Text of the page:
Rule of Law

Trump Administration Looks To Defy Tax Disclosure Law

It will be up to courts to force the administration to comply with the law and allow the president’s tax returns to be released to Congress.

Donald Trump’s administration is not abiding Democratic requests for Trump’s tax returns under a federal tax disclosure law that gives Congress the power to request copies of anyone’s tax information.

Treasury Secretary Steven Mnuchin said his department would provide a final answer by May 6 but strongly suggested that answer will be no.

The Treasury Department will consult with the Justice Department on the Democratic request because of “the serious constitutional questions raised by this request and the serious consequences that a resolution of those questions could have for taxpayer privacy,” Mnuchin said in a letter Tuesday to House Ways and Means Committee Chairman Richard Neal (D-Mass.).

Congressional committees that create tax policy are supposed to be allowed to look at anyone’s tax returns thanks to a 1924 law enacted as a check on corruption in the executive branch of government. Neal gave the administration until 5 p.m. Tuesday to comply.

The law gives no leeway for refusal, meaning the administration will probably wind up explaining its position to a federal judge. Neal said Tuesday he would consult with the committee’s lawyers about his next steps.

Committee member Rep. Bill Pascrell (D-N.J.) said Mnuchin is breaking the law. “This administration’s contempt for rule of law is without peer,” he said.

Democrats have said all along they’ll fight the Trump administration in court. That means they’ll likely issue a subpoena for the documents they requested, which the Trump administration will ignore as part of its overall strategy of stonewalling congressional investigations. And then Democrats can sue to ask a judge to enforce the subpoena.

In an interview with The Washington Post, Trump said Tuesday evening that he is opposed to current and former White House aides providing testimony to congressional panels in the wake of special counsel Robert Mueller’s report. In addition to the Treasury’s defiance toward the House Ways and Means Committee, the White House plans to fight a subpoena from the House Judiciary Committee and a separate subpoena from the House Oversight Committee, potentially by using executive privilege.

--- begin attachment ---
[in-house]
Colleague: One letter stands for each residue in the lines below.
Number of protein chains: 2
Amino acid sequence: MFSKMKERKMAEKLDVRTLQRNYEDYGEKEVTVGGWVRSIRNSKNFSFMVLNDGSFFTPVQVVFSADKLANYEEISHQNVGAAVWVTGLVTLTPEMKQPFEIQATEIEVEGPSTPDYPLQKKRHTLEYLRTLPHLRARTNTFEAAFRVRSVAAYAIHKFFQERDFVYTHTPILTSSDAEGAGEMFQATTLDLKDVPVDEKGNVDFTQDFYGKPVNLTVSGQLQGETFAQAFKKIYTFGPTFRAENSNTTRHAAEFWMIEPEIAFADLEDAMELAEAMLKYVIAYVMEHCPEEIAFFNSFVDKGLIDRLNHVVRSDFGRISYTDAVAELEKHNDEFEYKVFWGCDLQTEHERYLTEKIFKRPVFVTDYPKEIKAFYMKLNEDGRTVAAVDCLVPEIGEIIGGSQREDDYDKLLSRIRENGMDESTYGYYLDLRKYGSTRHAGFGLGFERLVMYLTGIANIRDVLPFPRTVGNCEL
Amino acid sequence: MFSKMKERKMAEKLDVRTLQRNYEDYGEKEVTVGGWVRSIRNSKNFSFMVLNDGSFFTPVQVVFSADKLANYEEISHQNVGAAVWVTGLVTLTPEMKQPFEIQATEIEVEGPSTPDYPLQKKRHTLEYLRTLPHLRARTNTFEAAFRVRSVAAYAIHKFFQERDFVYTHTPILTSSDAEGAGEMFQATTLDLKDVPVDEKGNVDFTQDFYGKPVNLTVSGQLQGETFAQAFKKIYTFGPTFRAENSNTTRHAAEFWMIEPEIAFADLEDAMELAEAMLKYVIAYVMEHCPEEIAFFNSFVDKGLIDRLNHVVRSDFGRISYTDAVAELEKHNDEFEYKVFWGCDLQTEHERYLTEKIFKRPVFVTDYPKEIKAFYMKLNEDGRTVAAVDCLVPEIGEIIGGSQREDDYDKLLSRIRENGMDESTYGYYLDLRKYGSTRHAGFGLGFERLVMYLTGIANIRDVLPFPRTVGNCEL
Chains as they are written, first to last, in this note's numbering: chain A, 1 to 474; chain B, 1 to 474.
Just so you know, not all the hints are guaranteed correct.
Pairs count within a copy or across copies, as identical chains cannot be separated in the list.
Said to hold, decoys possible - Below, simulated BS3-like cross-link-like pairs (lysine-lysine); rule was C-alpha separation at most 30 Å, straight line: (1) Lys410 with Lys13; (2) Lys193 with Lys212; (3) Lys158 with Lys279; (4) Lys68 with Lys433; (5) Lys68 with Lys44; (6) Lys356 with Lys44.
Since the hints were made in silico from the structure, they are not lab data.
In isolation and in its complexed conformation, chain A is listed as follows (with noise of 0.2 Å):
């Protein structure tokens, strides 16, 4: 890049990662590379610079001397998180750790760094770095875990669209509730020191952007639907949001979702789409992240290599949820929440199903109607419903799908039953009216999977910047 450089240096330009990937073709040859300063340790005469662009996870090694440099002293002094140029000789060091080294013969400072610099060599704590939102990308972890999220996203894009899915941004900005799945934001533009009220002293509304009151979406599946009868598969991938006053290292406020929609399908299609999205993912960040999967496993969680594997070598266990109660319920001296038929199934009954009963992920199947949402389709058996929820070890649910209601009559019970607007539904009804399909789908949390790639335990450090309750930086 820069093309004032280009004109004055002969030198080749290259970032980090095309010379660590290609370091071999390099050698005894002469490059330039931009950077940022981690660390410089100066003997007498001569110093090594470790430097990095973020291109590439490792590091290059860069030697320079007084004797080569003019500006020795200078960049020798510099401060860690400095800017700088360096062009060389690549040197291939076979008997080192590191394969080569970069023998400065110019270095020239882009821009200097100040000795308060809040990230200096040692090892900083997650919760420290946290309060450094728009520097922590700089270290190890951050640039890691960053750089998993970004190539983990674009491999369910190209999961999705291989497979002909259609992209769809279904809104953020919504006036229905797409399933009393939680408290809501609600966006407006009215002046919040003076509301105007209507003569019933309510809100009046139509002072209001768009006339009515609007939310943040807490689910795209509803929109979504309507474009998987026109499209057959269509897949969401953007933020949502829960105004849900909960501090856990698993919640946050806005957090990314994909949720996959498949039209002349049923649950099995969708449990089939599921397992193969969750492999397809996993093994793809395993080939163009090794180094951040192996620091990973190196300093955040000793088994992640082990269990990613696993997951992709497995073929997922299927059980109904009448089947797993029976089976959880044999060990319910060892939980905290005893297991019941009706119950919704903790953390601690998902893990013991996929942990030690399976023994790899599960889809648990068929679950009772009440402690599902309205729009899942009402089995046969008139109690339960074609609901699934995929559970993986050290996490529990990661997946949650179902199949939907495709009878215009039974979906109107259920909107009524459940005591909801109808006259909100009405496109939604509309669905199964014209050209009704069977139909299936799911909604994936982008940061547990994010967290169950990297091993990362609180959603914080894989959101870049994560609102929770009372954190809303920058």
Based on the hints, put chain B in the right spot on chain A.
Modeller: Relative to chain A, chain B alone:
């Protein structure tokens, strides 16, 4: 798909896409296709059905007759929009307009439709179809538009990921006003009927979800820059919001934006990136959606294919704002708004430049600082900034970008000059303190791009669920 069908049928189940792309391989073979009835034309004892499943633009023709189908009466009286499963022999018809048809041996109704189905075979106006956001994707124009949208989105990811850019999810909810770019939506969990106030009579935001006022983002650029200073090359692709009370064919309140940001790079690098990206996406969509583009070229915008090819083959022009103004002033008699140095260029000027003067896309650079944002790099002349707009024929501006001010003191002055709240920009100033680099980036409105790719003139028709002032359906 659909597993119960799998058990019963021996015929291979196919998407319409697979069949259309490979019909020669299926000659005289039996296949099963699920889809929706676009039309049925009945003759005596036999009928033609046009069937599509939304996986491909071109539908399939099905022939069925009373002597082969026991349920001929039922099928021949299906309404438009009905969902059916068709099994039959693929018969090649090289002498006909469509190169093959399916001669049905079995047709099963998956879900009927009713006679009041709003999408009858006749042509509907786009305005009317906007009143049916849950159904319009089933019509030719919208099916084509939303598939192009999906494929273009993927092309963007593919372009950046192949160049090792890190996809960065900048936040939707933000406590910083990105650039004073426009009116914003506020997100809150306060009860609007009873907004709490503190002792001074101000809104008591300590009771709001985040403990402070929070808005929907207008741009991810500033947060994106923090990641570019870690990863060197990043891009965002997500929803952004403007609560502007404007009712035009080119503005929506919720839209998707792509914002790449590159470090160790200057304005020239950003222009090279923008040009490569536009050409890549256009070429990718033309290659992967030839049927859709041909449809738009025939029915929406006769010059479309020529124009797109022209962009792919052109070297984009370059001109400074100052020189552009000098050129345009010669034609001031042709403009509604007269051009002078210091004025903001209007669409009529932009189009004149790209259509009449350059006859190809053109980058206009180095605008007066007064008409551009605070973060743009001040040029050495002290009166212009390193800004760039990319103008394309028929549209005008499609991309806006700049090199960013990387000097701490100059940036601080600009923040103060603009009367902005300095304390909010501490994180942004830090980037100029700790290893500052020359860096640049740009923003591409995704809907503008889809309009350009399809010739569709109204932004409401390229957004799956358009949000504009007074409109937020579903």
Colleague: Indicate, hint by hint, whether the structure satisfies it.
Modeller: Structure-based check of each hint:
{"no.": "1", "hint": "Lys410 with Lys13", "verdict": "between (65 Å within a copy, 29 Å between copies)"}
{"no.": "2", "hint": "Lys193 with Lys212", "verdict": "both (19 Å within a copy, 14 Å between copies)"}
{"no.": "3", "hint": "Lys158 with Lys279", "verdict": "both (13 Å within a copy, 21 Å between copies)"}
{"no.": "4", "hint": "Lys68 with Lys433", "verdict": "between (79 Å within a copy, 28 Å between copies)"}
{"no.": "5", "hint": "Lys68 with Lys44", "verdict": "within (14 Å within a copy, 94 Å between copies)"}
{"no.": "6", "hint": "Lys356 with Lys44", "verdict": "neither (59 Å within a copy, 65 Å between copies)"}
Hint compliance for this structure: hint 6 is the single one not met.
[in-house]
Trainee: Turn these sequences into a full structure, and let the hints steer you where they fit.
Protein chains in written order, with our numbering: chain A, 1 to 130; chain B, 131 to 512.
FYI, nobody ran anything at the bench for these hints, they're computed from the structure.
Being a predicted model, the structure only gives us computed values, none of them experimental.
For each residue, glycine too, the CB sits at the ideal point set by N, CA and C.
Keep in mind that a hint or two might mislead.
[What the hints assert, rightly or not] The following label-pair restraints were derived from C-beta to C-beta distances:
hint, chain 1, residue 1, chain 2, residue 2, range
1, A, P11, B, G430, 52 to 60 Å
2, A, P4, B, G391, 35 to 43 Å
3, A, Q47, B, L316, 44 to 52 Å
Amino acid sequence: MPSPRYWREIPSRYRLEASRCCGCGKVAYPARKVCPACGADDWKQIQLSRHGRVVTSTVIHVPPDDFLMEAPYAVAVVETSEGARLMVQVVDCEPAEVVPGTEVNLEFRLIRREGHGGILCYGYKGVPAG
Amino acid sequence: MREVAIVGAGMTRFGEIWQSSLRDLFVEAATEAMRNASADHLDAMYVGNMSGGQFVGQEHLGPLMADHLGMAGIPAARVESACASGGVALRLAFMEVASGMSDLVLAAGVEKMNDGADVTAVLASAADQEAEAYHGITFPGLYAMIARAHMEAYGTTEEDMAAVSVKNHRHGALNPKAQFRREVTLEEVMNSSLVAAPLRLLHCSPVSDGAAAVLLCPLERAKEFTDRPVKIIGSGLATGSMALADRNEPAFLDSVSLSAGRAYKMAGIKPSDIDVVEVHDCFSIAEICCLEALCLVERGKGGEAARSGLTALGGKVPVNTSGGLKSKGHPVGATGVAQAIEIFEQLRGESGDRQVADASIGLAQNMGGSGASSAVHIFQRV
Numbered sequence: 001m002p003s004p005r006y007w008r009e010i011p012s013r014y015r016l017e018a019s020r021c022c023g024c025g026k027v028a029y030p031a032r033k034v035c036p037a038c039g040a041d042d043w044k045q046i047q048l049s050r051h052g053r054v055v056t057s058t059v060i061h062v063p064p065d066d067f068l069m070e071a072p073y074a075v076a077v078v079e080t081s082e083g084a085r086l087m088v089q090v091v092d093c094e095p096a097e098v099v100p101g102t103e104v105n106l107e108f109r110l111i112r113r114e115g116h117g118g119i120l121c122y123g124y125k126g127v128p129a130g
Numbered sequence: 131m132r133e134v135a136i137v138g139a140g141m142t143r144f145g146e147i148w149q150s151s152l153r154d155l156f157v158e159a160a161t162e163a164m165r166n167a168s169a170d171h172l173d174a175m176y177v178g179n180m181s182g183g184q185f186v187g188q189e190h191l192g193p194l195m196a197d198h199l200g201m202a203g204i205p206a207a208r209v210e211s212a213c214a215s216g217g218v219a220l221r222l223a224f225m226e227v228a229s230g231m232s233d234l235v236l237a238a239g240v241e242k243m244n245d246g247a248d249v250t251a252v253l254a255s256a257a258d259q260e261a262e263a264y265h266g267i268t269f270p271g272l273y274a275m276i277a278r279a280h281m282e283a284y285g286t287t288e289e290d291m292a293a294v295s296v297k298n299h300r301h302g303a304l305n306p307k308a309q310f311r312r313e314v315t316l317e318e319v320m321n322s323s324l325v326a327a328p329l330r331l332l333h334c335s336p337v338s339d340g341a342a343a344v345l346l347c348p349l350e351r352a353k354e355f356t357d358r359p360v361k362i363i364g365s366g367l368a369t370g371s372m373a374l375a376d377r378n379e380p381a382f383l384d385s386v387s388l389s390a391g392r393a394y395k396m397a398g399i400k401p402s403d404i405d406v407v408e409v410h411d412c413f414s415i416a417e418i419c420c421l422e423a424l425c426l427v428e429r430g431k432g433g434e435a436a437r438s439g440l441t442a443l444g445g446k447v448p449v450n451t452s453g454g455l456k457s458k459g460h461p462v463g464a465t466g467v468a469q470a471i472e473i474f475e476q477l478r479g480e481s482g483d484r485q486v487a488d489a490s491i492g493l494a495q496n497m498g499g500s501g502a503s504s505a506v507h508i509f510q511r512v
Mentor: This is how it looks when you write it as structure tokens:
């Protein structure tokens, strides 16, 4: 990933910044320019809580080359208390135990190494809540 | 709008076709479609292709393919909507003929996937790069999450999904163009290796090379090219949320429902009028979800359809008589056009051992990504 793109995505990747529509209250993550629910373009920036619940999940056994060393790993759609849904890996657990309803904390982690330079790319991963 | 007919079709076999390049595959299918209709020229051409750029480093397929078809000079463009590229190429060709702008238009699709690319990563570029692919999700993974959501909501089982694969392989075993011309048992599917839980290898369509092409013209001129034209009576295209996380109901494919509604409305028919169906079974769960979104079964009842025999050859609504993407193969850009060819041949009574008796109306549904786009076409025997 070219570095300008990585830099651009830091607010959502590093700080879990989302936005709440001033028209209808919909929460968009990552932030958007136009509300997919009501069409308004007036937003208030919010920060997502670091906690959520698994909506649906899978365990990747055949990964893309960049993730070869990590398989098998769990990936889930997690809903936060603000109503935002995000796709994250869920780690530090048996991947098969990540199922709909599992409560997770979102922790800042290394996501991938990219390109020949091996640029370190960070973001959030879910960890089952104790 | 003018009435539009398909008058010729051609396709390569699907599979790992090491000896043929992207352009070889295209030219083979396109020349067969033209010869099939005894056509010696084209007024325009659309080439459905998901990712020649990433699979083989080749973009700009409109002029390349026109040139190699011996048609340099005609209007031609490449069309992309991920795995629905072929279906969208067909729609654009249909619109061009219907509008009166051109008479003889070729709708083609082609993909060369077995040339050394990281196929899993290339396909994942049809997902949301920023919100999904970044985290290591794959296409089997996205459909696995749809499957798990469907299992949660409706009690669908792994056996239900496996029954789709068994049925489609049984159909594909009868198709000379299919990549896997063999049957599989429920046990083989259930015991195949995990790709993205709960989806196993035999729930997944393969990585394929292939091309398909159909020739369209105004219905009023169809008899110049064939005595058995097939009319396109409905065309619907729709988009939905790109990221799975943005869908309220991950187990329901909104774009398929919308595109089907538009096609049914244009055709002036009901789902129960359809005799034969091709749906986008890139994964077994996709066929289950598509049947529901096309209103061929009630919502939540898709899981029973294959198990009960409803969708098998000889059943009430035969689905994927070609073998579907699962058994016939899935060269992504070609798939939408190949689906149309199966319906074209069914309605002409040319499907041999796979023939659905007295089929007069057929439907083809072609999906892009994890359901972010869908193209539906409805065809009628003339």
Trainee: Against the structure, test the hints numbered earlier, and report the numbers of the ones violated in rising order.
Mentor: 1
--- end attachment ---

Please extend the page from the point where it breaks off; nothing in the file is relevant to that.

Legal scholars have said no administration has ever refused a tax return request, but plenty of administrations have tried to fight subpoenas ― and they’ve often lost. The Supreme Court has repeatedly held that because the Constitution gives Congress the power to legislate, it gives the power to investigate, since lawmakers need good information about the laws they might want to change.

Both the George W. Bush and Barack Obama administrations fought losing battles against congressional subpoenas, but the Congressional Research Service has noted that they were able to drag out the proceedings until a new Congress was elected.

But the tax return fight wouldn’t need to last through November 2020, according to Brianne Gorod of the Constitutional Accountability Center, a progressive nonprofit that often files “friend of the court” briefs in Supreme Court cases. 

“The court process doesn’t need to take that long because there are a couple of things Congress can do to speed up the process,” said Gorod, a former attorney-adviser in the Office of Legal Counsel at the Department of Justice. “It can sue expeditiously, and it can ask the court to expedite the proceedings.”

Neal originally requested six years of Trump’s personal and business returns on April 3, saying Congress needs to know more about the scope of mandatory audits of the president that the IRS does every year. He sent a follow-up request on April 13 after Mnuchin stalled.

Mnuchin claimed Neal’s request is an abuse of power that could jeopardize tax return privacy for all Americans. Obtaining the tax returns is not the same as making them public, however, and Democrats have said they’ll be careful about what they publicly release.

Trump is the first president in 40 years not to disclose a single year of tax information, a standard practice for presidents and candidates because it reveals details about their income, their charitable giving and how much tax they pay.

The IRS routinely discloses private tax information to Congress, and Republicans have used the law several times in recent years during high-profile investigations, but Neal’s letter is the first time Congress has asked for a president’s returns.

Mnuchin said Neal’s request “is the culmination of a long-running, well-documented effort to expose the President’s tax returns for the sake of exposure.”

Though Mnuchin has said the administration’s opposition to Neal’s request is founded in high-minded constitutional concerns, the president himself has repeatedly said he can’t release tax information because he’s under audit. The IRS itself has said repeatedly that being under audit doesn’t preclude anyone from disclosing their own tax return, as every president since Nixon has done.

“Once he’s out of audit, he’ll think about doing it. But he’s not inclined to do so at this time,” White House spokesman Hogan Gidley said Tuesday on Fox News, claiming the issue had been “litigated in 2016.”

As a candidate, Trump initially said he would release his tax returns, but in 2016, he started saying he would only do so after the audit wrapped up.

Most Americans say Trump should release the documents and that Democrats should try to get them, according to recent surveys.